It is really important for the family members of someone struggling with mental illness to a) not take their unhealthy behavior personally, b) not enable their unhealthy behavior by ignoring it, and c) show compassion toward that person by asking him or her what they might need in order to take better care of themselves in this gathering of family and friends.

To support strong mental health in a family ALWAYS requires courageous conversations among family members to not only care for whomever is afflicted with mental illness, but also to discuss what effect that person’s mental illness has on everyone else and what all other family members need in order for them to take better care of themselves around this person.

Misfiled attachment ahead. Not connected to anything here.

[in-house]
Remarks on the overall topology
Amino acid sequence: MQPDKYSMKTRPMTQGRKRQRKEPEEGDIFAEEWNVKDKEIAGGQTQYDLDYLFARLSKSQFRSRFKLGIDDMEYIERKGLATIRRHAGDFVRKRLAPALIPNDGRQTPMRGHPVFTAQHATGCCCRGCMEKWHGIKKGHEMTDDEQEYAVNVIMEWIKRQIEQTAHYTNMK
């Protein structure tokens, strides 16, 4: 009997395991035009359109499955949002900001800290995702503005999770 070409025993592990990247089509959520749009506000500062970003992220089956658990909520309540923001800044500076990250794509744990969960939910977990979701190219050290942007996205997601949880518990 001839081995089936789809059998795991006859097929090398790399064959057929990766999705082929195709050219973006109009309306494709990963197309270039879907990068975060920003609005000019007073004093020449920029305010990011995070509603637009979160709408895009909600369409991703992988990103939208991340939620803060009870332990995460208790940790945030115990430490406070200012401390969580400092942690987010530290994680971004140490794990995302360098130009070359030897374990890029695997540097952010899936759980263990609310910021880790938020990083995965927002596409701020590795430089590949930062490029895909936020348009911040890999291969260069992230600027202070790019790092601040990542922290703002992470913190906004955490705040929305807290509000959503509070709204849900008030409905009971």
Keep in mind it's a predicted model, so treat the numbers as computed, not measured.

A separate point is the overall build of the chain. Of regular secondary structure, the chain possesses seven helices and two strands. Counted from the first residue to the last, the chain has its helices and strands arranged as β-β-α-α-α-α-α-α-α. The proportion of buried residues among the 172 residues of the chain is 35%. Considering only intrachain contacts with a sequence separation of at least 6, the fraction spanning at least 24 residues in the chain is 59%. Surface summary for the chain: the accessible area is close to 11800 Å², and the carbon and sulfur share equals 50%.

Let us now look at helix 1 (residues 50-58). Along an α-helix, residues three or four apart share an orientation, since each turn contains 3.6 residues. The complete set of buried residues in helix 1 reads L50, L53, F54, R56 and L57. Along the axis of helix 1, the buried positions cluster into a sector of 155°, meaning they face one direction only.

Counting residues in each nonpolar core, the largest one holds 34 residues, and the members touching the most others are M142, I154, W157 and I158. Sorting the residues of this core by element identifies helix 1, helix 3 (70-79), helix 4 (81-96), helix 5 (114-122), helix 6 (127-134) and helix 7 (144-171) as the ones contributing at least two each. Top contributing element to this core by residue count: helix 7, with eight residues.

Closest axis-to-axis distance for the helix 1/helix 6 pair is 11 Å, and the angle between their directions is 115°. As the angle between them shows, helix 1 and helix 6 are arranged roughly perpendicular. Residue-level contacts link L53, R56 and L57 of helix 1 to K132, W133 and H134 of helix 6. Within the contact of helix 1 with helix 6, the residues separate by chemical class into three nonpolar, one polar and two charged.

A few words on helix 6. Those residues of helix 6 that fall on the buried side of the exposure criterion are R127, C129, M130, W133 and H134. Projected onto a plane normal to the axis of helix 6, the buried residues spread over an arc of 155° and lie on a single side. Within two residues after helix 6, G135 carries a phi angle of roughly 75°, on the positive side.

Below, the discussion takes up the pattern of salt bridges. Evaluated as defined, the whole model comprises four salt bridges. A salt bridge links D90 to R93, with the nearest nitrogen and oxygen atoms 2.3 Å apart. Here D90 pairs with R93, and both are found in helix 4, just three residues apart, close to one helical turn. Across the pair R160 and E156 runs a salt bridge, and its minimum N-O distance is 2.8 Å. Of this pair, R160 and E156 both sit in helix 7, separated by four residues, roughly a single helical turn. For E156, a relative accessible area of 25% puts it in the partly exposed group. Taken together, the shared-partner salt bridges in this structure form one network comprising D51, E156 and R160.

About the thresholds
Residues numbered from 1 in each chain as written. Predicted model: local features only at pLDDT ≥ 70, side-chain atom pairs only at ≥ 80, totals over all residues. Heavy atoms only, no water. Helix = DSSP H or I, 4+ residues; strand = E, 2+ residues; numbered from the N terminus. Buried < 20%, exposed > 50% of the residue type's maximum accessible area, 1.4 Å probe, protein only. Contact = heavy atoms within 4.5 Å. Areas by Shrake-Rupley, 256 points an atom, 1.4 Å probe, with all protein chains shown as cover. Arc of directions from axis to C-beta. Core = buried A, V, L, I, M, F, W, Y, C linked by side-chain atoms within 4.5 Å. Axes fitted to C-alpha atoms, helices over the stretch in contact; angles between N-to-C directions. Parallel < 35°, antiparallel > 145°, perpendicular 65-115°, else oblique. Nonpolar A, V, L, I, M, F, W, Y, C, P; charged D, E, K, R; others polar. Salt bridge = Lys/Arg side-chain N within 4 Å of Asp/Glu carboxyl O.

What is your favorite mental health quote? Why do you find it so impactful?

If you could inspire a movement or a change in mental wellness, what would it be? How can people support you in this mission?

My favorite mental health quote is from author, professor, and feminist writer Bell Hooks, who has written extensively about patriarchal culture. In her book Feminist Theory: From Margin to Center she says:

“The first act of violence that patriarchy demands of males is not violence toward women. Instead, patriarchy demands of all males that they engage in acts of psychic self-mutilation, that they kill off the emotional parts of themselves. If an individual is not successful in emotionally crippling himself, he can count on patriarchal men to enact rituals of power that will assault his self-esteem.”